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The penalty for excellence

Looking into the mental cost of a health major

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Photo illustration by Sarah Rogers

Megan Brown knew in high school she wanted to study diagnostic medical sonography. She also knew the program only accepted 10 students.

The senior diagnostic medical sonography major said she remembered the sea of faces during Welcome Week, keeping a tally in her head of almost 100 students who said they were going to major in sonography.

“You’re like, ‘oh my gosh, I have to beat all these people to get into this program,’” Brown said. “So it’s always been stressful since day one.”

According to the International Nursing Review, stress affects almost every profession. However, levels of stress are higher, and there are more sources of stress among health professionals, especially nurses, with negative consequences for their health.

The study found that the most common sources of stress are clinical environment concerning learning, academic stress, the degree of stress among nursing students and stress because of interpersonal relationships.

Stress is felt and dealt with differently for every person, and some people are able to cope with stress more effectively than others. However, there is a consistent relationship between students in health professions majors and unaddressed stress.

Arguably, this connection is because of the intense nature of most health majors: higher grade standards, long hours in hospitals on top of study hours and the constant fear of being kicked out of their programs for a multitude of reasons, including multiple absences to clinicals and failure to pass a class.

Brown said she has dealt with anxiety and depression her entire life, but she didn’t realize what it was until her symptoms were heightened by the stress of her major.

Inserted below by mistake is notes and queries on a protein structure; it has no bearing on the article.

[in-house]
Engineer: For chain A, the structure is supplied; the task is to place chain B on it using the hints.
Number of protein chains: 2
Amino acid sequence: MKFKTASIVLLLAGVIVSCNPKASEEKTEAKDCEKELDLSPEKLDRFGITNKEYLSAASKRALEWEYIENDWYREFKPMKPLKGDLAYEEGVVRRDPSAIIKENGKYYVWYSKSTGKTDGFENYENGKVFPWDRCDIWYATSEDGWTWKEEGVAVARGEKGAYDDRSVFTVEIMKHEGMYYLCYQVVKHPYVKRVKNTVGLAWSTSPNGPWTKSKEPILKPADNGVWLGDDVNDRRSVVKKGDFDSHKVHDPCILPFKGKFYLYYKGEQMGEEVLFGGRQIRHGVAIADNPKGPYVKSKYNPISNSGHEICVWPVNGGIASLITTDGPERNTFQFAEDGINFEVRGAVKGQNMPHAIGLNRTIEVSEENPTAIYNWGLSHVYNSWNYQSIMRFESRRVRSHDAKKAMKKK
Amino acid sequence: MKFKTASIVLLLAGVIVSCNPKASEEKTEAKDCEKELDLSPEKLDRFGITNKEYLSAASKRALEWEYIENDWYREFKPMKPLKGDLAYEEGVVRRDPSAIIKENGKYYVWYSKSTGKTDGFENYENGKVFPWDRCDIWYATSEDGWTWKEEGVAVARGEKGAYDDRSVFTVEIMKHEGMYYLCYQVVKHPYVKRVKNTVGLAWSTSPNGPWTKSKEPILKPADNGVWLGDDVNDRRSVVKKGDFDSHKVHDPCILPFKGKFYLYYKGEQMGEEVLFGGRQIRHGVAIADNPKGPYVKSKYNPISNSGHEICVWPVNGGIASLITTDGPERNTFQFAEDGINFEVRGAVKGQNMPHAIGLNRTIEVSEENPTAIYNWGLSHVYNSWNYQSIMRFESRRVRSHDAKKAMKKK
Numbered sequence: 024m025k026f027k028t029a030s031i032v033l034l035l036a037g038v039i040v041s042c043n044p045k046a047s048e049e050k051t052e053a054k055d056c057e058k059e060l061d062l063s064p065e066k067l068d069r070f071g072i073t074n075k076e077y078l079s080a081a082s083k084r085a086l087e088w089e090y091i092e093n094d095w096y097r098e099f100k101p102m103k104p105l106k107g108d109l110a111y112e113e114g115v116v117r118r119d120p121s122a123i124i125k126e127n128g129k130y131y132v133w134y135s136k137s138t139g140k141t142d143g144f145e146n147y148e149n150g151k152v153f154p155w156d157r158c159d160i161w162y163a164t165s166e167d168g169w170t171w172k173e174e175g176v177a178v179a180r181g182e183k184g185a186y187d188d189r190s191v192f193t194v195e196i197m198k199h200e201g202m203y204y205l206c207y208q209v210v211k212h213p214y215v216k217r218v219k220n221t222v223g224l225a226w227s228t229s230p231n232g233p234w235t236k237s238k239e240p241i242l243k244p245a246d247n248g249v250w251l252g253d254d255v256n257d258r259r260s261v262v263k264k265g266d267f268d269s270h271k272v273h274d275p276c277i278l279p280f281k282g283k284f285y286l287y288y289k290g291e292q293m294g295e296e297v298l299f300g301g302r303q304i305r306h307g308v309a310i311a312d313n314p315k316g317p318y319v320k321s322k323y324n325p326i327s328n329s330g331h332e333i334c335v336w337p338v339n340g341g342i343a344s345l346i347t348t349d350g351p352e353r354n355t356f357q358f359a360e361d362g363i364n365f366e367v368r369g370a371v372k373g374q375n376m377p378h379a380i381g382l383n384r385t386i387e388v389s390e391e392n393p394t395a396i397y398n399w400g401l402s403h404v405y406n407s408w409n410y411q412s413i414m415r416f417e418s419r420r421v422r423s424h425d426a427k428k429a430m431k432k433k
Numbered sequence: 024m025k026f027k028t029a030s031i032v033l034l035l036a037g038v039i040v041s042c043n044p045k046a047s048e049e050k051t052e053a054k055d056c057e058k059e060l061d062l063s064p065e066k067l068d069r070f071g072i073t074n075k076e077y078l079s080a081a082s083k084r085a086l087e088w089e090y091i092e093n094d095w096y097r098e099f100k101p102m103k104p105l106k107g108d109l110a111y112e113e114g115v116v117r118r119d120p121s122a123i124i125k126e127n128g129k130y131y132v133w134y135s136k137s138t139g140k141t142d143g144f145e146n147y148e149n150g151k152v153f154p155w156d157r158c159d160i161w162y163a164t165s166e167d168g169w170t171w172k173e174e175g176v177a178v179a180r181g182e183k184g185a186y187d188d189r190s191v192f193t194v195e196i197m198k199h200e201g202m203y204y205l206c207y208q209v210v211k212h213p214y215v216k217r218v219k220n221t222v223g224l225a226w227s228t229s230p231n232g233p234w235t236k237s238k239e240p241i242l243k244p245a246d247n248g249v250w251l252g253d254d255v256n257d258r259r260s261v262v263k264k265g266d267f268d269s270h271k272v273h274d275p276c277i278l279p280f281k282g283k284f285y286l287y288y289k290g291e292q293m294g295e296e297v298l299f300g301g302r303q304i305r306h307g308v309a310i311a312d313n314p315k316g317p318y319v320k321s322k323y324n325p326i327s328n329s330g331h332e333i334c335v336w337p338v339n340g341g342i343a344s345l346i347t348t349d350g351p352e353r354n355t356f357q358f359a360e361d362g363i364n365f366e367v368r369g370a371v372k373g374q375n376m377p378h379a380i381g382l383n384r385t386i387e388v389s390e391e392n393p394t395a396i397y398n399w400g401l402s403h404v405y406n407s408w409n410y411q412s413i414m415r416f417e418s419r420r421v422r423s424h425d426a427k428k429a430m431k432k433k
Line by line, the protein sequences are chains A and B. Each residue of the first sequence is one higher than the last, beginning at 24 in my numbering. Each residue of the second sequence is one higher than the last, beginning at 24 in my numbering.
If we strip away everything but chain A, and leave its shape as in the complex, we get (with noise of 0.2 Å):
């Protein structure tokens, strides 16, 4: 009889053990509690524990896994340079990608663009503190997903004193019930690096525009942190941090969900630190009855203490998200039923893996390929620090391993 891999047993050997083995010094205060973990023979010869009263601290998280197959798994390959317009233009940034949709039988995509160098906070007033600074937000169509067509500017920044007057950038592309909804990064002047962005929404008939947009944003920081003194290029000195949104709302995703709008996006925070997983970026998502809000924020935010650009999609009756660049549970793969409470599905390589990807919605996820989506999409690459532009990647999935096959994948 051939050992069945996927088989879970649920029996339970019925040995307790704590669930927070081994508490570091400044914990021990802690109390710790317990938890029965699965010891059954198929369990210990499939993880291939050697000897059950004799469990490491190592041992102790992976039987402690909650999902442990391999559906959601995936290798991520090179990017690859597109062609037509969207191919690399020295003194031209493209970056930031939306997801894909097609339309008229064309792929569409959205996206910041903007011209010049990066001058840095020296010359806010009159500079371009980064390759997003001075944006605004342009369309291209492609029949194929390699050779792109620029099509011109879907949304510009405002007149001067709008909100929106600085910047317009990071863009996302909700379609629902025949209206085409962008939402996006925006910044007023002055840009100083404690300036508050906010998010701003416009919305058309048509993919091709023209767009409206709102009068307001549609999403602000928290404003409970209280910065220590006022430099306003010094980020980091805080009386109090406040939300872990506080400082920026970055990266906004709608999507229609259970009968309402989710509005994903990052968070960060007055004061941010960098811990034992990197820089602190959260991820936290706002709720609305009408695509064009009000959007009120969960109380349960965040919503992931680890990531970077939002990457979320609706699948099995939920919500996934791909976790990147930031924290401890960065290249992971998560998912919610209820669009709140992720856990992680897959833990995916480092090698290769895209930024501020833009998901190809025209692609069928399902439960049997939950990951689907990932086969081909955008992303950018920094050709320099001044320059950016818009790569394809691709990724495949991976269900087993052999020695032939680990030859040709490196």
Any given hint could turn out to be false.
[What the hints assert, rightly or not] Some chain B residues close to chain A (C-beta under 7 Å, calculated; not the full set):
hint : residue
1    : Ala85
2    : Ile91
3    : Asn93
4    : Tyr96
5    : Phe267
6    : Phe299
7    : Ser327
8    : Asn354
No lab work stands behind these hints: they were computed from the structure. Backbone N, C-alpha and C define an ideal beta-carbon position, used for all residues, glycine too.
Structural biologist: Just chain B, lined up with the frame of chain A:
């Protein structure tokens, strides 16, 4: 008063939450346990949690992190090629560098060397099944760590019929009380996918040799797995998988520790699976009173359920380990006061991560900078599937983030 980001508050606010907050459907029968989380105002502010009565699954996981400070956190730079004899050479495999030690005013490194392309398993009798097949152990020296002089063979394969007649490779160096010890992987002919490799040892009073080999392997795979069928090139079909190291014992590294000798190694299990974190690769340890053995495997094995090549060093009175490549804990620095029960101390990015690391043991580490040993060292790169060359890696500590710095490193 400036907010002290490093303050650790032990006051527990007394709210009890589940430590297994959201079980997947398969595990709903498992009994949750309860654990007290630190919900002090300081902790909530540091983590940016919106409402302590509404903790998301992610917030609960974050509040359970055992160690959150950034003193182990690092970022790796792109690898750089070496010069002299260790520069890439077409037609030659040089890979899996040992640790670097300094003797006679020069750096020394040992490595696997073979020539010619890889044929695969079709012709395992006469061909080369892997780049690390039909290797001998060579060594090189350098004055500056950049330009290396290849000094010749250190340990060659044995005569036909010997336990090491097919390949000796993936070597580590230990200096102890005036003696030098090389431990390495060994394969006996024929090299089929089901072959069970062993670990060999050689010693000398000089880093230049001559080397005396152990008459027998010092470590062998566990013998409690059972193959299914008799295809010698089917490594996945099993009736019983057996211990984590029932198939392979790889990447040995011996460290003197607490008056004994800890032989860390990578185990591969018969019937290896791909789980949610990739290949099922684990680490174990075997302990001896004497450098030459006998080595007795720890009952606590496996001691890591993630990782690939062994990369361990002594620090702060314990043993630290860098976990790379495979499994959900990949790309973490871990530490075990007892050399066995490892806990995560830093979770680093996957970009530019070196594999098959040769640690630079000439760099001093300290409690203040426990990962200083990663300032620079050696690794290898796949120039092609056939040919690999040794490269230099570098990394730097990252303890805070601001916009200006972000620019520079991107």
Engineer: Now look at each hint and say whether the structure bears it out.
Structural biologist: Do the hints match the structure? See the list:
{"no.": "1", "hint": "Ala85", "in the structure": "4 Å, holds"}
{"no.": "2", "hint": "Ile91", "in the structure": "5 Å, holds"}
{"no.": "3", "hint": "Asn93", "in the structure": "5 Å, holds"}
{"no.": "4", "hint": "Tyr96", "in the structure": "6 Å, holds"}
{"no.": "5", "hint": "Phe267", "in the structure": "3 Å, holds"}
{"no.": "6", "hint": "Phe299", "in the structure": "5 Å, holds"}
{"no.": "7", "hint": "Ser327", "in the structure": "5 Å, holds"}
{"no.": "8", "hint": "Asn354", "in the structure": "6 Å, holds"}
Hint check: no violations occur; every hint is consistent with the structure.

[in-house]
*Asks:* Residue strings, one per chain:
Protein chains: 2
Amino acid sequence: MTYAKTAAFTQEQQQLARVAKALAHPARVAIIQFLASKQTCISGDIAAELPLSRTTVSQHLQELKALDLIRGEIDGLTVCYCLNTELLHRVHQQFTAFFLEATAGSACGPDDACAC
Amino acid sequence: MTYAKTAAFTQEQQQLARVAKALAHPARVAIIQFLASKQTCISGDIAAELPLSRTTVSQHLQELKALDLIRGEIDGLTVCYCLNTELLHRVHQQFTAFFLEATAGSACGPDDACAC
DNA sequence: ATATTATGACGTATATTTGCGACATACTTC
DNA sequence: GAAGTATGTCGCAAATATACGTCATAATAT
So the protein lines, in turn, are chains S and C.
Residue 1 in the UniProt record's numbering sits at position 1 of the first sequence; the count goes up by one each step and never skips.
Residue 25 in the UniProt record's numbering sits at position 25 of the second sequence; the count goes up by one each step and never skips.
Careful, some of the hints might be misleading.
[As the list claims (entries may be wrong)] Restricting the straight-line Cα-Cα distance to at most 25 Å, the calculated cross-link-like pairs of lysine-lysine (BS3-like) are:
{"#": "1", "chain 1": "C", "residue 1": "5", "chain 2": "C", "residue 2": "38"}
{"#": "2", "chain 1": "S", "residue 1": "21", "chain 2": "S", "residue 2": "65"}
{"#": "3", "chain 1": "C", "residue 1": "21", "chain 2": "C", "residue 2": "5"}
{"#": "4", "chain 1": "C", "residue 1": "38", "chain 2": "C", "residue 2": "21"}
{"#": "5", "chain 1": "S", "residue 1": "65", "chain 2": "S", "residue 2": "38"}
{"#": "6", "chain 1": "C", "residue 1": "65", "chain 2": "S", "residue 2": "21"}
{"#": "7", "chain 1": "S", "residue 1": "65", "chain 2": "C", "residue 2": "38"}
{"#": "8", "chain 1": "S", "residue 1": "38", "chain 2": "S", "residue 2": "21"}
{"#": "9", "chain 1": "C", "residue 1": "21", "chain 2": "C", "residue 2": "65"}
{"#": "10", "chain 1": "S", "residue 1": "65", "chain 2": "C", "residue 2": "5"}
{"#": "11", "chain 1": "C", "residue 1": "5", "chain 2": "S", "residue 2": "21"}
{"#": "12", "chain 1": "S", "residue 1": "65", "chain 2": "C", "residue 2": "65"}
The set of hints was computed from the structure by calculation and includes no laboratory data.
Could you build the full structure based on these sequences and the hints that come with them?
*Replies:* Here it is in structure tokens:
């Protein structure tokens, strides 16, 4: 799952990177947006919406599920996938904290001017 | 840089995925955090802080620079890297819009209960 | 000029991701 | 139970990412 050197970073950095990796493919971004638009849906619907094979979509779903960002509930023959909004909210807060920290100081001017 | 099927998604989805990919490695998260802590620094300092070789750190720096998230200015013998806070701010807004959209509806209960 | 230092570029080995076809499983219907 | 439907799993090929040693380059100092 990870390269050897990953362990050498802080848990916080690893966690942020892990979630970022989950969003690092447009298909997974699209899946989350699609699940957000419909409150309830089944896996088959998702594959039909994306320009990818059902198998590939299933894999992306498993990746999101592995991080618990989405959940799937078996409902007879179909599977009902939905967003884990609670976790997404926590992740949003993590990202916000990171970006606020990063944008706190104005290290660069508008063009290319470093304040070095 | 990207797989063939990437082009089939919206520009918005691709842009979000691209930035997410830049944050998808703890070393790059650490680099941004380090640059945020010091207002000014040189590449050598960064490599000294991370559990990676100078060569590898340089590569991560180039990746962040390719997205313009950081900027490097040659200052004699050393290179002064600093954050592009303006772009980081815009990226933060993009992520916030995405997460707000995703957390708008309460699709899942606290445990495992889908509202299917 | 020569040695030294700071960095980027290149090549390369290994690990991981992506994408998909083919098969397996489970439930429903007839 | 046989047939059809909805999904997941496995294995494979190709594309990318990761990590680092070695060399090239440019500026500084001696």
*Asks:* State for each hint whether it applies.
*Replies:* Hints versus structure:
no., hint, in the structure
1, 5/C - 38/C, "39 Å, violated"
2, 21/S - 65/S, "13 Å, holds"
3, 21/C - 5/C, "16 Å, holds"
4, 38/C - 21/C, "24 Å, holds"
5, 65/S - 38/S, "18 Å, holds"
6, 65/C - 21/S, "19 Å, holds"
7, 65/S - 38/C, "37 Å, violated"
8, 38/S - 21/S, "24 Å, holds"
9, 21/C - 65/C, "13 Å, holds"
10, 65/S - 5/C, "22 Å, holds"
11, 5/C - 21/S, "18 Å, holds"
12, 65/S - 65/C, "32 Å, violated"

“There was a time when I felt like I couldn’t handle it anymore,” Brown said. “I had to go to the doctor and do something about it and just admit that I had something going on. I’m on medication now, so everything is great.”

Since getting help, Brown said is still stressed, but she’s not having panic attacks every day like she once was.

Brown said she hopes once she graduates and gets on a more normal schedule she will be able to wean herself off the medication.

Brown said her professors are always willing to listen and help, but can sometimes forget what it was like to be a student.

“There is life outside of these four walls of a classroom and clinicals,” Brown said. “We get home from clinicals and we worked an 8.5-hour day. We do 40 hours a week, that’s a full-time job. They leave their job and they go home and do whatever they want with their family. We leave the classroom and clinical and we have our own personal issues to deal with, let alone the stress of school.”

Brown said she goes to clinicals, comes home and goes to bed. She said she wakes up the next day and starts it all over again.

“It sucks while you’re in it, but once you graduate it’s all going to disappear,” Brown said. “All that extra stress of having an assignment done or getting written up for something. There are still a lot of positives if you’re passionate enough about it.”

Instructor of Nursing Robin Smith said there is “very much an open-door policy.”

“We work closely with our students,” Smith said. “When we see a student is struggling with an exam we tell them to please come talk to us to review their exam. We review what’s going, and talk about different ways of studying, different ways of test taking. We talk about test anxiety and we talk about how to overcome that.”

Smith said she knows many students have full-time jobs and families on top of their studies, and said time management is vital for their success.